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Keystone men's lacrosse.

Keystone Snaps 64-Game Losing Streak

February 27, 2024
Justin Feil
Double Eagle Media / Keystone Athletics

Tyler McManus had never scored more than six goals in an entire season. He had 11 career goals for Keystone College through his first three seasons with the Giants.

On Saturday, the fifth-year midfielder scored a career-high seven goals to help Keystone snap a 64-game losing streak with a 23-7 win over SUNY Cobleskill.

“It was pretty crazy to me,” McManus said. “I wasn’t really a goal scorer. I pulled something out and scored seven goals in one game, which is unbelievable.”

The win was less of a surprise.

“I was pretty confident,” McManus said. “We looked pretty good during practice. I feel like we’re a family now. It’s definitely changed throughout the years. We’ve progressed and gotten better.” 

The Giants had not won a game since March 29, 2017, when they topped Medaille College (N.Y.) 10-6. McManus, an East Meadow, N.Y., product, transferred as a freshman from Mitchell College and walked head-on into the losing streak.

Last April, the Giants suffered a 9-8 loss to Cairn in their closest game. McManus had two shots in the final two minutes, but neither connected. In 2022, they didn’t get within eight goals of any opponent, and 2021 ended with a 31-0 loss to Stockton University (N.J.).

“It’s been a long time coming for him,” Keystone coach Brett Capps said. “He went through four years of pain and agony.”

Freshmen brothers Cam and Abe Wallace had five goals apiece. Abe and Wilson Ingalls supplied four assists each, Ryan Smith had three points on two goals and an assist, while Joe Manfredo had three points on a goal and two assists. Cody Dembski won 13 of 20 faceoffs and Chris Armas won 10 of 11. Edwin Himmel-Maines made nine saves before Nollan Hoffert played the final five minutes between the pipes.

“It was amazing,” Capps said. “I want to say we were in a little bit of shock, but we were hoping for that. We were really glad for the outcome.”

It’s the third year at the helm for Capps, who came from Wake Forest’s MCLA club team. He remembers the mess he walked into in 2022.

“I had four guys on the team,” Capps said. “I actually had to ask the entire soccer team to play in order to keep the program afloat, which gave me time to get a game plan set in stone to recruit and figure out how I was going to do things.”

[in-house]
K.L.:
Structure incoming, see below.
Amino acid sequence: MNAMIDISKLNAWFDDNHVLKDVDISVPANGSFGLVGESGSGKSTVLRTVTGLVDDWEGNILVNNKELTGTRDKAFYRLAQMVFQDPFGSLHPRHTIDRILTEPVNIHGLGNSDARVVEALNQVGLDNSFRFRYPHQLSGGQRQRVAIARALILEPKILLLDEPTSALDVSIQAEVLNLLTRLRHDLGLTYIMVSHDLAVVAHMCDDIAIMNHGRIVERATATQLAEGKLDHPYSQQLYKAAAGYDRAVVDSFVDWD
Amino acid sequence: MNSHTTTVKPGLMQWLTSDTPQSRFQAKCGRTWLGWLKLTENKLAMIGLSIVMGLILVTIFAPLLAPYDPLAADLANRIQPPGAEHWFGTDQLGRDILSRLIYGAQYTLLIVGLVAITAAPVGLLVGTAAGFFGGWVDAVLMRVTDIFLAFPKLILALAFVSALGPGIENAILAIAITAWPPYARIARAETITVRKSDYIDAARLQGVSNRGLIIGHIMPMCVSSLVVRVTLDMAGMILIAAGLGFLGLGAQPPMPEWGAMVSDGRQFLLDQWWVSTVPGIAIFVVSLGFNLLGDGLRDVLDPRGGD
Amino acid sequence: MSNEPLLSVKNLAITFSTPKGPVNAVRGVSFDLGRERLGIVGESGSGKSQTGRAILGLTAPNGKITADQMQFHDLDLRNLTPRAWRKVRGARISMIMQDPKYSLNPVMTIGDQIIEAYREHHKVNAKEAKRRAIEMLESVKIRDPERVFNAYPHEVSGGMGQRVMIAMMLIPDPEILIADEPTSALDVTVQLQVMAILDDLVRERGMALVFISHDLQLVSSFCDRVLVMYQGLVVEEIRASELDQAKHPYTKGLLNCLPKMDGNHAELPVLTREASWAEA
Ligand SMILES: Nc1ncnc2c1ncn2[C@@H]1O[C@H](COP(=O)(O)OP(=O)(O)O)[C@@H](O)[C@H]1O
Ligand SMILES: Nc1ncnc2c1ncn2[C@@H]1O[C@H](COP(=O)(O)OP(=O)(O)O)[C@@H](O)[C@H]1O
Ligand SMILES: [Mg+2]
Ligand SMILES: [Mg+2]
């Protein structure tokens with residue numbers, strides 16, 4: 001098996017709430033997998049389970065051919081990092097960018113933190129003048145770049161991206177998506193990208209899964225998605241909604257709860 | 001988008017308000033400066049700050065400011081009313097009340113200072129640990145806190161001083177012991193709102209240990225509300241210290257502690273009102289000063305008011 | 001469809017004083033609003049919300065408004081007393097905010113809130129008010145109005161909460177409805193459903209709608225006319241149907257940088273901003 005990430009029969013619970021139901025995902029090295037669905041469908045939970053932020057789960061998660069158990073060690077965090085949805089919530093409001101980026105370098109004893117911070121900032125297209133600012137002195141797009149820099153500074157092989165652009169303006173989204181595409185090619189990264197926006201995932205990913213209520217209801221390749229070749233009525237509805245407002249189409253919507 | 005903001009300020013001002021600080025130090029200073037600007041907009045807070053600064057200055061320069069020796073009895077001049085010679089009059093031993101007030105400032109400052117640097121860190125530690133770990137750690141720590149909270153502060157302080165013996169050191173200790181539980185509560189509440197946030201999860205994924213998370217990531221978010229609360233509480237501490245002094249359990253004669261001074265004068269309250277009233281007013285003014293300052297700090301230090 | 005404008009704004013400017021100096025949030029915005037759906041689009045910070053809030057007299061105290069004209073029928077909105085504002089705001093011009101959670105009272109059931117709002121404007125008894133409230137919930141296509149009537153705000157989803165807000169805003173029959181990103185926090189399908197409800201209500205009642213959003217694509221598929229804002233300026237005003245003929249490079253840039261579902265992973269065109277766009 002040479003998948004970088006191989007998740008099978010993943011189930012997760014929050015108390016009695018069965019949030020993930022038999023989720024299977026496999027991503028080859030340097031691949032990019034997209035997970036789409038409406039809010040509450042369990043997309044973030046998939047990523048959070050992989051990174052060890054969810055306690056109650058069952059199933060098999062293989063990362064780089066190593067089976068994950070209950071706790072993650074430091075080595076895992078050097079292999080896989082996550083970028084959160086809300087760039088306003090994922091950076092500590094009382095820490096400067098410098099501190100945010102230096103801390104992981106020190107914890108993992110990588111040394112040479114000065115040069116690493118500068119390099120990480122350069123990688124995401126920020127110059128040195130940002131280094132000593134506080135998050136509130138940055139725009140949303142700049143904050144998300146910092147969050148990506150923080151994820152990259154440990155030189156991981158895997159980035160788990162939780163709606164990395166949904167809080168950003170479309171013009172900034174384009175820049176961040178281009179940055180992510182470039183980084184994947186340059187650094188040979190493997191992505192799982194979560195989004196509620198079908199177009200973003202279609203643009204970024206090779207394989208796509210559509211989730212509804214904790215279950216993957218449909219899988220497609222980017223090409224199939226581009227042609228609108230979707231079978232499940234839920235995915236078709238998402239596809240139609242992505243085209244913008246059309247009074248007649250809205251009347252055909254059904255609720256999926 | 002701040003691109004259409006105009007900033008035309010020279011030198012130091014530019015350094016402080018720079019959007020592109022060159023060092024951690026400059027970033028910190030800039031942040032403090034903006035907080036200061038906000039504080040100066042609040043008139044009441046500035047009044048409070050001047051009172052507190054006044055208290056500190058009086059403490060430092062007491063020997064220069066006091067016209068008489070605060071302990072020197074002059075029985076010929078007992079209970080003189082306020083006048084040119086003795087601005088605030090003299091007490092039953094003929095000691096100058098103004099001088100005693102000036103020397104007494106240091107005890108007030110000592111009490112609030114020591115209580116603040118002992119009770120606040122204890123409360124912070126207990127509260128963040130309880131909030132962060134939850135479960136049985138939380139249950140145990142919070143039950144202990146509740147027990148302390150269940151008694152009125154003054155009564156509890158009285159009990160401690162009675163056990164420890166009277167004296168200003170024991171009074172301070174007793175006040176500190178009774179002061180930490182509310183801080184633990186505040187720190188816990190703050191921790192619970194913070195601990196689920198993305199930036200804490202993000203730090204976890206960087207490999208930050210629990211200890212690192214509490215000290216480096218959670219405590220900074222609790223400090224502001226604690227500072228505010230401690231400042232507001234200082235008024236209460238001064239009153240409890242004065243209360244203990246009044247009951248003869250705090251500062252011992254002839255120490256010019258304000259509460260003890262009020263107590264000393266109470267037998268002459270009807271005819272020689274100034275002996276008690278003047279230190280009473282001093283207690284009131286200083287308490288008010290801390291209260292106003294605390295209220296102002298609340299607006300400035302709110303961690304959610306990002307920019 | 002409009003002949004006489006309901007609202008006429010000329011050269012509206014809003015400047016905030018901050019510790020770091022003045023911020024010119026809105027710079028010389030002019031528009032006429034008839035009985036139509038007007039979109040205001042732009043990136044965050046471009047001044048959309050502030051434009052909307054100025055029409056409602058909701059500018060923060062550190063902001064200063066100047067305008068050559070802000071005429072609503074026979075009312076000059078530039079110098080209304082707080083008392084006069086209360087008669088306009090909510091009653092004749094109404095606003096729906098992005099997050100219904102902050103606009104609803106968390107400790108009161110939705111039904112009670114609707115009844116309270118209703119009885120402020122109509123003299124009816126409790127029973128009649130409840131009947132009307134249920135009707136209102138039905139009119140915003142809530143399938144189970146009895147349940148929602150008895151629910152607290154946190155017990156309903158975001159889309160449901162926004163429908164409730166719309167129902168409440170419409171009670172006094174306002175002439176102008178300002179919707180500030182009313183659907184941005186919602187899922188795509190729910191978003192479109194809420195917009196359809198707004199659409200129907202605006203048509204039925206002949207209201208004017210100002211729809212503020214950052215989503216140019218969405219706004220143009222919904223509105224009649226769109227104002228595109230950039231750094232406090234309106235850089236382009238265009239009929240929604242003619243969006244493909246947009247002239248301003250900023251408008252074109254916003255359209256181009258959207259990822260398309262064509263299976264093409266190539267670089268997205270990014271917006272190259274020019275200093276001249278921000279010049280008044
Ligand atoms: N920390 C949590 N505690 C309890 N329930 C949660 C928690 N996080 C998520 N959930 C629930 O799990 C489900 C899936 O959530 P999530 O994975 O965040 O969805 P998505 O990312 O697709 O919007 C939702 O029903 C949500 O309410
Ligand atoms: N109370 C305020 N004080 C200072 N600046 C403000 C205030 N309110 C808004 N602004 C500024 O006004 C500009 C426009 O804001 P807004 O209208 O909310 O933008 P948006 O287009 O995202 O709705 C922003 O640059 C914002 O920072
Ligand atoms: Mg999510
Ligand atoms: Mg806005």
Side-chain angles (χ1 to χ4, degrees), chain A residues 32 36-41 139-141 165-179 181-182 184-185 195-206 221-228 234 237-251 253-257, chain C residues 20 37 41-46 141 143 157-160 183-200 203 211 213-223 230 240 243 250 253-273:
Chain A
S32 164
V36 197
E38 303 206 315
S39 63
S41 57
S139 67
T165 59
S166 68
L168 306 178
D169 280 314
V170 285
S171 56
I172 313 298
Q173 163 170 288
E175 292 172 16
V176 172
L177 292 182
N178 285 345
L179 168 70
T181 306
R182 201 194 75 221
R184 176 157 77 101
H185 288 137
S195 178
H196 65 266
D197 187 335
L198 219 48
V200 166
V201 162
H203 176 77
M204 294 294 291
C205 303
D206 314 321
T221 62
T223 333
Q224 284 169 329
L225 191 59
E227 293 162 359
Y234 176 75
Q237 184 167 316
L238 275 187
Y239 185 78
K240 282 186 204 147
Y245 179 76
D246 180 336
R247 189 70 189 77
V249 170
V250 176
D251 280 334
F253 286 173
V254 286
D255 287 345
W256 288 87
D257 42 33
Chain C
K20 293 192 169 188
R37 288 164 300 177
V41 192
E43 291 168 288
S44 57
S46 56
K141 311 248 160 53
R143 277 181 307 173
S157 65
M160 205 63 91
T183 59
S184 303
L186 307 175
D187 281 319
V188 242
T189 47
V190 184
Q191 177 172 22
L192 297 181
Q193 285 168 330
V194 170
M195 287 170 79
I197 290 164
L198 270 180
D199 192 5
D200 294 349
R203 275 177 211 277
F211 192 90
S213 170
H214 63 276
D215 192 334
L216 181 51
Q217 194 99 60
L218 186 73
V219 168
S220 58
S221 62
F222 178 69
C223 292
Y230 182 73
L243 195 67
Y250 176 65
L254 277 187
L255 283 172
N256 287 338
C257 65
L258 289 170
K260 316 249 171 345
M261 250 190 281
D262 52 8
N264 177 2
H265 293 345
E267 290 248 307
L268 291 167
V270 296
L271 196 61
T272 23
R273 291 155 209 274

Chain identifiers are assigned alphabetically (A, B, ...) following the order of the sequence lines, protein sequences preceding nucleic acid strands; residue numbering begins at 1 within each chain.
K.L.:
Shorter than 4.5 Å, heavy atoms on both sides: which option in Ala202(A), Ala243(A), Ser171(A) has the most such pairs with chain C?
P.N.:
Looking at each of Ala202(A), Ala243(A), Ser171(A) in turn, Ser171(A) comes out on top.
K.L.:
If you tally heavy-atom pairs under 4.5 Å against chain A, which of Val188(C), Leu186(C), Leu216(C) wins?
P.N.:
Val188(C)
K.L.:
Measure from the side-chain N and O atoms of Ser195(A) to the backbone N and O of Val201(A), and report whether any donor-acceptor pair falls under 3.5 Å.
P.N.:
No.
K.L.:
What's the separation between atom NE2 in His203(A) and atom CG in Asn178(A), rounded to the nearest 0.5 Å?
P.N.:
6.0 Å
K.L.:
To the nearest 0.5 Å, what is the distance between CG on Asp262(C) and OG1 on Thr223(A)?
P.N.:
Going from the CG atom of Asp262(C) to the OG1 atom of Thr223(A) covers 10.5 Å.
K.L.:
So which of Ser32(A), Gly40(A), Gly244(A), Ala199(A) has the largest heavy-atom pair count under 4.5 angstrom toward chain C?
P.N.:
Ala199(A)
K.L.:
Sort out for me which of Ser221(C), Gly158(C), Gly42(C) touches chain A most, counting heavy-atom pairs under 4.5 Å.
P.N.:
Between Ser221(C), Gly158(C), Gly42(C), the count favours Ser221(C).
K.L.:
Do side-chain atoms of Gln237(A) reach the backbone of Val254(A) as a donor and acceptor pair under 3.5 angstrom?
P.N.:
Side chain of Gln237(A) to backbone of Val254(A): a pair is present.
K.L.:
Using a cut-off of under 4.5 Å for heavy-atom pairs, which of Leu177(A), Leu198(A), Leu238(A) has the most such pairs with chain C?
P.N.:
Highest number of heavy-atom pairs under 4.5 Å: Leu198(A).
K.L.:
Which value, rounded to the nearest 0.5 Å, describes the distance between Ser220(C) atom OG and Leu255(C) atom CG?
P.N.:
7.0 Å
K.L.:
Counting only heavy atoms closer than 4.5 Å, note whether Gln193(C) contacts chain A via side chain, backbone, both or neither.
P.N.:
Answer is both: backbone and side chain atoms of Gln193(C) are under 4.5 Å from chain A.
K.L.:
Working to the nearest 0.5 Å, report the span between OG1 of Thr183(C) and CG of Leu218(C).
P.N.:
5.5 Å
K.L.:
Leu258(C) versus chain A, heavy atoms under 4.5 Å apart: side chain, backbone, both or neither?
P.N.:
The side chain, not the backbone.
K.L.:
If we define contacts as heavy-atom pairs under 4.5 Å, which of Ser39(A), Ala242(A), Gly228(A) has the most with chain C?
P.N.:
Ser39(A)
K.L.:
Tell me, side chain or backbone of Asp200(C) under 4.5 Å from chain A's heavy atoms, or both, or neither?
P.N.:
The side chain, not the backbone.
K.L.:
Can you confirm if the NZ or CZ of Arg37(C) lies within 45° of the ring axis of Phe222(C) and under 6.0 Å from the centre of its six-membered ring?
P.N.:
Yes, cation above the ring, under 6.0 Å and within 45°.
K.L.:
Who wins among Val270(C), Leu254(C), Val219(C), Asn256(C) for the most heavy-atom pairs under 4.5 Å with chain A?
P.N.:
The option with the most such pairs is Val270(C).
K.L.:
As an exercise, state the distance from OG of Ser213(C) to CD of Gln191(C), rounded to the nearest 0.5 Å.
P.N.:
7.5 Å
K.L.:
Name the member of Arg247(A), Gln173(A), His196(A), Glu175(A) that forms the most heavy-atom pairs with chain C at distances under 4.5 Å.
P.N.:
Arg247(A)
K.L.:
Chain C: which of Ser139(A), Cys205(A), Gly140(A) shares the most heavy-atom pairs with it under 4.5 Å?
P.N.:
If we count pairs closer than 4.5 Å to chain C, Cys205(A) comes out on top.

It was hard to trust players that couldn’t catch or score, but things started to turn with Capps’ first recruiting class last year. The team was still thin, though, and injuries cost Keystone that elusive win, but there were positive improvements. Dembski finished seventh in Division III with a 68.7-percent faceoff rate, and he was third in ground balls per game. And Smith was dynamic as an offensive middie.

“Guys saw them and wanted to play with players like that,” Capps said. “That’s how we were able to bring in the recruiting class we did this year. By bringing in guys that wanted to play with them, that’s how we ended up where we’re at now.”

Keystone brought in 13 freshmen this year, six from Canada. They combined with a group that was hungry to win and now had skills, too, a far cry from only two years prior.

“It was a lot harder for the kids that actually knew lacrosse because we had to teach the other kids how to play so we could actually have a team,” McManus said. “Now since we have lacrosse players, it’s a lot different than previous years.”

One of those recruited 2022 soccer players, Noel Gonzalez, remains. “He’s stuck around, and he’s loving it,” Capps said.

Capps didn’t hide from the losing streak. He talked about rebuilding and revamping the program. Players embraced the target.

“That’s the way we’re taking on the season,” Capps said. “Not as a Cinderella story by any means. We are taking it as a group of guys that want teams to think that we’re going to be an easy W because we want to give them as much pressure as we can.”

Keystone flipped the script immediately Saturday. The Giants jumped out to a 4-1 lead after the first quarter, and their lead swelled to 12-4 by halftime. Getting results to affirm what Capps had been preaching was uplifting.

“I already knew this was going to be the year,” Capps said. “I’ve been saying it to myself. I’ve known it. I’ve felt it. But seeing is believing. Having it actually happen for the guys, having it actually happen for me, it just confirmed this is happening. And it’s going to continue to happen, in my opinion.”

Now, almost unbelievably, he is worried about being overconfident after one win. The Giants host Albert Magnus on Wednesday, and the keys are the same as they were for the opener.

“To not lose ourselves and to not get big heads,” Capps said. “To go back to exactly what we did for Cobleskill, and that’s stay humble and keep it in our mindset that we’re the underdog and they’re going to tear us to shreds and we just need to go in there prove them wrong.”

It worked to snap a long losing streak and give the Keystone players a reward for their faith and hard work. It’s been a long grind for some of the Giants, but it’s looking up this year.

“It’s going to feel good going out like this,” McManus said. “It’s not the last one. There’s definitely more to come.”